Didn’t you just love those first headlines? New York Governor Eliot Spitzer is “involved in an international prostitution and money-laundering ring.” The guy hired a hooker!–and initial reports gave the impression that Spitzer was single-handedly running a network of trafficked sex slaves. Even after it became clear that he hadn’t paid for his jollies with tax dollars, and had nothing to do with the running of the escort service, those breaking stories left Spitzer tainted way beyond the simple crime of johndom. Not that I’m defending the guy—he’s a hypocritical snake. What I find myself defending, as I do during every political sex scandal, is sex itself. The national conversation surrounding these scandals begins and ends with the most smarmy and ignorant views imaginable of all things sexual.
When a pattern of behavior is repeated over and over, whether by the same individual or by different individuals in a society, you’d think the dialog would evolve over time to a deeper understanding of that pattern. Unfortunately, this latest incident shows no progression in thought or analysis on the part of the American people. Once again, a hotshot politician or celebrity is caught red-handed. Again, abject apologies and shameful resignation follow. Again, the humiliated, loyal wife stands by his side evoking public pity. Talking heads, agog with stunned surprise, weigh in with predictable judgments. Moral arbiters of the culture debate who’s to blame, the hooker or the john.
I love it that the founders of the escort service Spitzer used had a highly developed sense of irony, apparent in their name: The Emperors Club VIP. This was an upscale escort service that arranged trysts between more than 50 prostitutes and wealthy male clients in London, Los Angeles, Miami, New York, Paris and Washington, who paid $1,000 to $5,500 an hour. Spitzer, known as Client Number 9, hired Kristen, a 22-year old who goes by the name Ashley Alexandra Dupre (neé Youmans) at least once and probably more. An aspiring singer who, as evidenced by her video, will probably stay at the aspiring level forever, she started practicing early on for her career: a former elementary school teacher described her as having “a heart of gold.”
Except for Bill Clinton, who’s never claimed to be a paragon of virtue, it’s always the biggest prudes and anti-sex crusaders who get caught with their pants down. Eliot Spitzer may have set some kind of world record in the hypocrisy department: he built a reputation as an ethical crusader, and, as a former prosecutor, employed the same electronic and surveillance tools that were used to bring him down. Last year Spitzer signed a law that lengthened jail time for johns from three months to as much as a year.
It’s this hypocrisy that fuels my contempt for the man, not his bedroom behavior–and I’m not alone. “This guy was ostentatiously Mr. Morality,” said Maurice Carroll, director of the Quinnipiac University Polling Institute. “This is feet-of-clay kind of stuff. Like, ‘Boy, this guy has been telling us how pure we ought to be — look at him!’ ”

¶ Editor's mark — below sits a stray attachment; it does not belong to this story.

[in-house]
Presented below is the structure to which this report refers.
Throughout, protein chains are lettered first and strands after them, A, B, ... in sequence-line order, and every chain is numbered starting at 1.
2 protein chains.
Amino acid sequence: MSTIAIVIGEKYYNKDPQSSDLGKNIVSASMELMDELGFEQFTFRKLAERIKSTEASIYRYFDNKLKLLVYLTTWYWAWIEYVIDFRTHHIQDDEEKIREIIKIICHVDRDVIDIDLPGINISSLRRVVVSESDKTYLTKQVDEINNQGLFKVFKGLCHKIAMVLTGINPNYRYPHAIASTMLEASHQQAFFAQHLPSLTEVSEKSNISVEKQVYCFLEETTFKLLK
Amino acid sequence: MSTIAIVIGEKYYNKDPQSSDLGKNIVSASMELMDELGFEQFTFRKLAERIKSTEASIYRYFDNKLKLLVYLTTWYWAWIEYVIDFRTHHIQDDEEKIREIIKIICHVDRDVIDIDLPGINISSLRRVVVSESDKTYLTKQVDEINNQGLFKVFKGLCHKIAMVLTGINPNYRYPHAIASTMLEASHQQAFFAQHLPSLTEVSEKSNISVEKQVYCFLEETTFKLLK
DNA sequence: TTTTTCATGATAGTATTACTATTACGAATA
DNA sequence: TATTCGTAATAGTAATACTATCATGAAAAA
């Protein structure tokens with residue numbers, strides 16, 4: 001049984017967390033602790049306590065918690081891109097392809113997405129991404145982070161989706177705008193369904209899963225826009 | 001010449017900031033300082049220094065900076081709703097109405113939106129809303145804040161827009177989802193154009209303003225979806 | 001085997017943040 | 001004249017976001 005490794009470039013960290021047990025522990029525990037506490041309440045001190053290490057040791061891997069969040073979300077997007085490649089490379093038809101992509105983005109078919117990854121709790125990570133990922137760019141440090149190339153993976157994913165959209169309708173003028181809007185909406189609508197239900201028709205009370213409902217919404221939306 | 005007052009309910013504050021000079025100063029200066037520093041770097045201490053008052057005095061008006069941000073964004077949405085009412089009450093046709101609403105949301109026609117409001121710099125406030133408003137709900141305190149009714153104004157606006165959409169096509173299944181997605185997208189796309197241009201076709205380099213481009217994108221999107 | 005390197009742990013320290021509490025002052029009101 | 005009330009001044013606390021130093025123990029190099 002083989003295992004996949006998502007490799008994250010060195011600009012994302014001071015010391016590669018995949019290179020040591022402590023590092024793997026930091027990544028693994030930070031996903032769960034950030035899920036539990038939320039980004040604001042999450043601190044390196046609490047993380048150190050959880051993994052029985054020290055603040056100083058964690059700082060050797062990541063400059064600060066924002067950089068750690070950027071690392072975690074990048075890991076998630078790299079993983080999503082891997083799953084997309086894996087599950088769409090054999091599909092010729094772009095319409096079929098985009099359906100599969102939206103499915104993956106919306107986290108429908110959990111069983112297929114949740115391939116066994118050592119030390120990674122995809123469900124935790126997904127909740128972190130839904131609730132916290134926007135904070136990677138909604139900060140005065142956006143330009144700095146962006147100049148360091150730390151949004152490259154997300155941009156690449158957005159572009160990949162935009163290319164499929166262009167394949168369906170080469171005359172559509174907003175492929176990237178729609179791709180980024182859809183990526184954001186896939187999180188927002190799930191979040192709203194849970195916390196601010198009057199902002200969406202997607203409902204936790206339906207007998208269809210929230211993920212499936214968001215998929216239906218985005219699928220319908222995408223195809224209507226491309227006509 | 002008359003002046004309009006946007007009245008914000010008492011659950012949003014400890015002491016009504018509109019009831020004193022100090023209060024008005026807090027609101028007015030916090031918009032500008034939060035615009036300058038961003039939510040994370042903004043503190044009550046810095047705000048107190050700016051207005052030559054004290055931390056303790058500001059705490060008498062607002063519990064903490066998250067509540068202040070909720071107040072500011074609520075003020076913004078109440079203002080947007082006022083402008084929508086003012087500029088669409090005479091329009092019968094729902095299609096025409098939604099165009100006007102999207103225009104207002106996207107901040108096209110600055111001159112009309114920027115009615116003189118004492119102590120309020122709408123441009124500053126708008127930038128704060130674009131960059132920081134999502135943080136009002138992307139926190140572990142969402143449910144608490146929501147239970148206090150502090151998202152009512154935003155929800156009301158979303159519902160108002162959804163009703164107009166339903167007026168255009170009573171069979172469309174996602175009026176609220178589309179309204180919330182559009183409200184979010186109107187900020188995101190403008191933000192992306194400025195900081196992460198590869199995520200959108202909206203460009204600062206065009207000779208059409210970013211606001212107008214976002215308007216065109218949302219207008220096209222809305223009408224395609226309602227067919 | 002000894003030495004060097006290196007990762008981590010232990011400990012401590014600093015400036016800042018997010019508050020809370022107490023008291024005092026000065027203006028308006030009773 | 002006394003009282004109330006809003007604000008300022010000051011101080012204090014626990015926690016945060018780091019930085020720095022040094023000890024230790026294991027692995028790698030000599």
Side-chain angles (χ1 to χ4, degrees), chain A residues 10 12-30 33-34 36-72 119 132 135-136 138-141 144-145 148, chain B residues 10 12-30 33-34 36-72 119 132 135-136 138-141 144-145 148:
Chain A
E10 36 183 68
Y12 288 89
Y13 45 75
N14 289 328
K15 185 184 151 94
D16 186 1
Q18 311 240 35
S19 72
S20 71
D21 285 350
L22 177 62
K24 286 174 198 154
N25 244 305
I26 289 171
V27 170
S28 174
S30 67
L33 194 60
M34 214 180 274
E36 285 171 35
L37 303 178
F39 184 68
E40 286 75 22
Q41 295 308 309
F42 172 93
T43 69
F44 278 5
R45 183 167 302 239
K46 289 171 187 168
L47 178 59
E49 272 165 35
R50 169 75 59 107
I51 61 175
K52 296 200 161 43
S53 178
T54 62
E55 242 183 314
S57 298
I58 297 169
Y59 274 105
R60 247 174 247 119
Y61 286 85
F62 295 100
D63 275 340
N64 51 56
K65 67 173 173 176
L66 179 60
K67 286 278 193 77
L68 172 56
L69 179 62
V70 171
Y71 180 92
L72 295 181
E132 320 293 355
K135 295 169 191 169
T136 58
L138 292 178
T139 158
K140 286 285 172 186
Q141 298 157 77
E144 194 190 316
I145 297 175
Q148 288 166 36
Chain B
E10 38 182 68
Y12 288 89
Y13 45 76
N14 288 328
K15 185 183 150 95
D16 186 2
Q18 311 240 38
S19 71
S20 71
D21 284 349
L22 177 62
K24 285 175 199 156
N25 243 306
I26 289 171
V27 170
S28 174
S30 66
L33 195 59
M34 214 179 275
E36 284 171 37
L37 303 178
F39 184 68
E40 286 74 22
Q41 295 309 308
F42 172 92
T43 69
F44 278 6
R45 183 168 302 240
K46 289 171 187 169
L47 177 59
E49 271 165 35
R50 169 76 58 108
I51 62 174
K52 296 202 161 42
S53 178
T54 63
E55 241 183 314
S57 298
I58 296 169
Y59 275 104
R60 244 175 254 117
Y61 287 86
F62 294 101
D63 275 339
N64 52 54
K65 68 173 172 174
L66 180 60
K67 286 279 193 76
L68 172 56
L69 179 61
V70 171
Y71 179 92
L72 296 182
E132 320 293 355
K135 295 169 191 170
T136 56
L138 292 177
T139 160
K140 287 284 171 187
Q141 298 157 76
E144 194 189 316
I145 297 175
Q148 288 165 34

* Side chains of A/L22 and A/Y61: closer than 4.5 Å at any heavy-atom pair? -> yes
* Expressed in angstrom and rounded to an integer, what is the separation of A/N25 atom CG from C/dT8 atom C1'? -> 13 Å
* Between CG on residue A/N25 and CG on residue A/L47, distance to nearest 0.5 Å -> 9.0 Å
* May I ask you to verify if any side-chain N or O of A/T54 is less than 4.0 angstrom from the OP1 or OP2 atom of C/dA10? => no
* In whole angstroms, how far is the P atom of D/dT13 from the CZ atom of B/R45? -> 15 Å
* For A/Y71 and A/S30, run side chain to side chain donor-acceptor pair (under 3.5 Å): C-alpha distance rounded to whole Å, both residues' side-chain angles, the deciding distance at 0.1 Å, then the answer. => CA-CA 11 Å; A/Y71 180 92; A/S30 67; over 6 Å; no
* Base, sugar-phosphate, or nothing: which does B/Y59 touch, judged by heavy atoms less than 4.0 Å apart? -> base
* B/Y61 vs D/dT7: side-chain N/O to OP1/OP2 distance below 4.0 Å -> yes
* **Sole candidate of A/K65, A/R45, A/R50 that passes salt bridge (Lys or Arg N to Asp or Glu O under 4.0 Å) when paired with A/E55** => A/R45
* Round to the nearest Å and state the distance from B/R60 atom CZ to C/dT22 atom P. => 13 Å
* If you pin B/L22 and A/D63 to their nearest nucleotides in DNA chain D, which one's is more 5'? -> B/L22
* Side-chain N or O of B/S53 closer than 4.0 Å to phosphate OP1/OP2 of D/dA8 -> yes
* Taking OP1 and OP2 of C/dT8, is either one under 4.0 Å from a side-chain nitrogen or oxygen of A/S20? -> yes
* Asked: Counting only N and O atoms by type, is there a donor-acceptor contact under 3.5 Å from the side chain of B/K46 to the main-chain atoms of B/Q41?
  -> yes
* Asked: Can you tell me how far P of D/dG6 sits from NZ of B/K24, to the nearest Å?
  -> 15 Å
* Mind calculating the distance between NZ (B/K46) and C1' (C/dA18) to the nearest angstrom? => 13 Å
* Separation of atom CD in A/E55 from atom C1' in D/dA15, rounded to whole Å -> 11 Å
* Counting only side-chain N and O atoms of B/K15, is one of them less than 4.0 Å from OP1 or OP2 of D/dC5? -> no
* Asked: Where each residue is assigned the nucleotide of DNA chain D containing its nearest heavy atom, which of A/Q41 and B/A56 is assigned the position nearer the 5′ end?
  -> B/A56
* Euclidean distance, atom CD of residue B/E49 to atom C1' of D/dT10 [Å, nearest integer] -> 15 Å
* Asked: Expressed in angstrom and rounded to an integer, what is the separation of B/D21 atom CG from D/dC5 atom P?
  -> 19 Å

In addition to being a hypocrite, Spitzer was disliked by nearly everyone in New York state government. It sounds like he intentionally cultivated enemies, confronting the administration in Albany from the minute he was elected. Not surprisingly, a lot of people are gleeful over his demise. Democratic consultant Hank Sheinkopf, who worked on two of Spitzer’s campaigns, said he won’t survive politically, as some other political “sinners” have, like Clinton and Barney Frank, because “he’s got no friends. If you’re seen as being the source of all moral behavior and then you turn out not to be that way, people are happy about it.”
Of course, not everyone’s happy—for instance, those moral arbiters I mentioned. Take the morning talk show The View, in which a group of well-known women dish the dirt each morning. The core panel is comprised of Barbara Walters, Whoopi Goldberg, Joy Behar, Sherri Shepherd and Elisabeth Hasselbeck, with various guests, substitutes and long-term temps thrown in from time to time. As a group they hold predictably narrow opinions on sex, although Whoopi occasionally challenges received opinion. Talking fast and furious, arguing over one another, each woman lays out her case until they reach a group conclusion: Spitzer is despicable, his wife Silda is a victim, the whore is a whore is a whore, and we all know men can’t control their sex drive. As Annie Sprinkle says: Sexual Kindergarten!
Apparently The View represents the latest in feminist thinking: I got involved in a blog discussion about prostitution, where commenters repeatedly cite “the feminist position.” As I commented, there is no monolithic feminist position, and, further,
… it’s been fought over by feminists on both sides of the issue. There is a sizable contingent of “pro-sex’ feminists who have actually worked WITH prostitutes for legalization (and who also are pro-pornography). Many books have been written, for instance, A Vindication of the Rights of Whores, on this issue. It really pisses me off, as a die-hard feminist, to see these assumptions endlessly repeated.
If I’m so disdainful of public perceptions on sexual issues, you’d think I’d be able to formulate a cohesive position to counter them. Trouble is, this thing has its roots so deep in the collective consciousness, I wouldn’t know where to begin. I’m not against prostitutes or the men who see them. I am against deception, hypocrisy and the kind of arrogant self-entitlement that made Spitzer think he could get away with committing acts for which he sent other people to jail. Beyond that, I’m really just in first grade, sexually speaking, myself.
Thus, I invite you all to come along as I click my way over to see what Susie Bright has to say on the matter.